As spending reports from this year's Baltimore mayoral race continue to be filed, one thing's clear: It's been an expensive campaign season.
According to the latest campaign finance reports, the Democratic candidates competing to replace Mayor Stephanie Rawlings-Blake — and the political action committees that support them — have spent about $9 million, mostly during April's primary election.
That's nearly triple what was spent during other recent mayoral campaigns. During the 2011 campaign, which Rawlings-Blake won, the four leading candidates spent about $3.3 million. During the 2007 campaign, Democratic candidates spent less than $3 million.
Warnock reported more than $2.7 million in expenditures, including nearly $2 million he loaned his campaign. Pugh has spent about $2.5 million, and has about $300,000 on hand as she tries to win November's general election.
Pugh's report also shows she was loaned $315,000, including $100,000 from the Baltimore County Victory Slate, in the final days of her effort to defeat former Mayor Sheila Dixon in the primary. The Baltimore County Victory Slate is funded by former Baltimore County Executive Jim Smith's campaign account. Pugh has repaid the loans.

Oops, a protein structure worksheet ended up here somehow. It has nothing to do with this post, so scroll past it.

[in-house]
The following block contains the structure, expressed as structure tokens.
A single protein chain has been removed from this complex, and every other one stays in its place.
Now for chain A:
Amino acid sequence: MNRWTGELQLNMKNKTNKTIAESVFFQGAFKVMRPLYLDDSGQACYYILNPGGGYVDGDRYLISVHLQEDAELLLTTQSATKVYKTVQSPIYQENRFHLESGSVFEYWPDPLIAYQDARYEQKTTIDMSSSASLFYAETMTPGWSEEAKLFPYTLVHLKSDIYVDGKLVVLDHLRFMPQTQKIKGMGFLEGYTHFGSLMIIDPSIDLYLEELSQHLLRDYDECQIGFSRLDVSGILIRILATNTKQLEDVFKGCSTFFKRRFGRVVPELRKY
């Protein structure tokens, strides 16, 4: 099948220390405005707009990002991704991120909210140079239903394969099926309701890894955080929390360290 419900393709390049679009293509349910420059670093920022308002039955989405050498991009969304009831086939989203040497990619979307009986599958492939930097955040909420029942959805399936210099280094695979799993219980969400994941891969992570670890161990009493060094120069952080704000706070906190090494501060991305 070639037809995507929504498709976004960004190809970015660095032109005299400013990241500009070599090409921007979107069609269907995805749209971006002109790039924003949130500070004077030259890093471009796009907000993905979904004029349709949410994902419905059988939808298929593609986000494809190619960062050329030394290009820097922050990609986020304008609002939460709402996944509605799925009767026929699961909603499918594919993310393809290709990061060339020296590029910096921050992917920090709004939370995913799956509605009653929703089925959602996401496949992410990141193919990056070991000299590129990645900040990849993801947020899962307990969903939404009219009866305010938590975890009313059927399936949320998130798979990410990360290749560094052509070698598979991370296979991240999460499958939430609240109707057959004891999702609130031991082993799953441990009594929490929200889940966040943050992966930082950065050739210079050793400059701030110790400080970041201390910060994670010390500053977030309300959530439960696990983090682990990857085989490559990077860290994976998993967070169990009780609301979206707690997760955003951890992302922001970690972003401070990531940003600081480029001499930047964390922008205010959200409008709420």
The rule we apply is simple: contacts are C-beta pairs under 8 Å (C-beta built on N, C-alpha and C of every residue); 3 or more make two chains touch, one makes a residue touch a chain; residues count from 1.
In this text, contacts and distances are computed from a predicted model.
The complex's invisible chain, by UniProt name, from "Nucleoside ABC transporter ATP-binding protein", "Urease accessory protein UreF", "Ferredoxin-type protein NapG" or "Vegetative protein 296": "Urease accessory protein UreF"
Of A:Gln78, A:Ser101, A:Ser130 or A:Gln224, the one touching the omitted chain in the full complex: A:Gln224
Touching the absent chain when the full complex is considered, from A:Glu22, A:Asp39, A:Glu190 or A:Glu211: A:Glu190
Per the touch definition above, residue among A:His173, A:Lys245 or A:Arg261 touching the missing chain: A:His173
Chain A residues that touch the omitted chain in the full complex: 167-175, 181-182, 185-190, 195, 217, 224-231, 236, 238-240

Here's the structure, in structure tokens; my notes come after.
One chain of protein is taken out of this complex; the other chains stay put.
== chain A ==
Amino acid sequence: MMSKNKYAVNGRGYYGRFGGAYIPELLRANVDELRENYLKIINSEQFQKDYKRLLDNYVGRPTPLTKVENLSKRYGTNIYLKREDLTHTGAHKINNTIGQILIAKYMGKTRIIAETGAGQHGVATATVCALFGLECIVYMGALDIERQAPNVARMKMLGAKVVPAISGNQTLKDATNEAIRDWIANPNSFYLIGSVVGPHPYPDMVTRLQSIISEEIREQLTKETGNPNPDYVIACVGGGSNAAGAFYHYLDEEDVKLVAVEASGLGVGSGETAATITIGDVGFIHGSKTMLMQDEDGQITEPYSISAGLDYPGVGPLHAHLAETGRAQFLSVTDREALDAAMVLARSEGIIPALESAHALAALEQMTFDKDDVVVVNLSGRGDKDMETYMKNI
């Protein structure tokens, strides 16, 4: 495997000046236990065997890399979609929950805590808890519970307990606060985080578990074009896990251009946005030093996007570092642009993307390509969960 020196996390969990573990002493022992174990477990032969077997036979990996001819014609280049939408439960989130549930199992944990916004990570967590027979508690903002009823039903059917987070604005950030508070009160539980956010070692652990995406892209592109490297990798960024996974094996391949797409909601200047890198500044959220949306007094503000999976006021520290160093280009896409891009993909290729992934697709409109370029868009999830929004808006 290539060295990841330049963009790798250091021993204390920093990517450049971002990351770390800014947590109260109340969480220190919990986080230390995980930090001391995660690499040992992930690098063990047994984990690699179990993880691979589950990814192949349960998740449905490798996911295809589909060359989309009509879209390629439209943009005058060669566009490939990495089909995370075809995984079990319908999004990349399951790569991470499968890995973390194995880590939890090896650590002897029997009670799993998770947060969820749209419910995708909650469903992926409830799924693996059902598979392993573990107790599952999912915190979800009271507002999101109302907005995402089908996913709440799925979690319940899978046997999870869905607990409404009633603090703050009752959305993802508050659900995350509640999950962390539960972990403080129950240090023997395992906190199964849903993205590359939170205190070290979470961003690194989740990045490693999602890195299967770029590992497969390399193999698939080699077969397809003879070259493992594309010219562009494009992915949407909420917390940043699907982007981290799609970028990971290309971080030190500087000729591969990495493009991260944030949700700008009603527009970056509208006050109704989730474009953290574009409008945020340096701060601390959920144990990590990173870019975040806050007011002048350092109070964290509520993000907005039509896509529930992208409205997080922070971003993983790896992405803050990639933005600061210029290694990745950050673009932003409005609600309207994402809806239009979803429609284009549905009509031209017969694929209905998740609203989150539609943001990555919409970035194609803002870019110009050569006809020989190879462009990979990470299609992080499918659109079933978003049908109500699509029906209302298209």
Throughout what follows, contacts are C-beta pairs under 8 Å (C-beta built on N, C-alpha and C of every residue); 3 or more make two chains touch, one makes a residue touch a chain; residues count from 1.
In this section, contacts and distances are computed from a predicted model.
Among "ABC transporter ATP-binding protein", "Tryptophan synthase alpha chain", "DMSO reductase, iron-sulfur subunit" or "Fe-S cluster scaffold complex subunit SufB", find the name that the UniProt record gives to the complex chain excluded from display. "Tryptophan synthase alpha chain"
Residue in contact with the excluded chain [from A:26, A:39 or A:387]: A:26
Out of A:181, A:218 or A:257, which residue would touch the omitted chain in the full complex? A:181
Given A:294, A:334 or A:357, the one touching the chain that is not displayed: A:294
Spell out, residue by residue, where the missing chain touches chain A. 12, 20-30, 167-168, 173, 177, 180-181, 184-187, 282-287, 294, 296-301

Dixon, who finished second in the Democratic primary and is now running a write-in campaign, spent more than $1.2 million during the primary. She has less than $5,000 in her campaign account but plans to begin raising money again. She announced her write-in campaign on Tuesday.
Other Democrats who spent hundreds of thousands of dollars on their campaigns were lawyer Elizabeth Embry, who spent about $650,000; City Councilman Nick J. Mosby, who spent nearly $400,000; and City Councilman Carl Stokes and activist DeRay Mckesson, who each spent more than $300,000.
Four political action committees — who supported Pugh, Dixon, Embry and Stokes, respectively — spent more than $800,000 combined.
Together, Harris and Walden have spent about $10,000 to date.
Individuals and businesses can donate up to $6,000 to each candidate during a four-year election cycle in Maryland. Developers who rely on taxpayer support for their projects and companies that do business with the city are often among the biggest donors.
For instance, members of the Paterakis family, which developed Harbor East, have contributed more than $50,000 this year to Pugh and Dixon.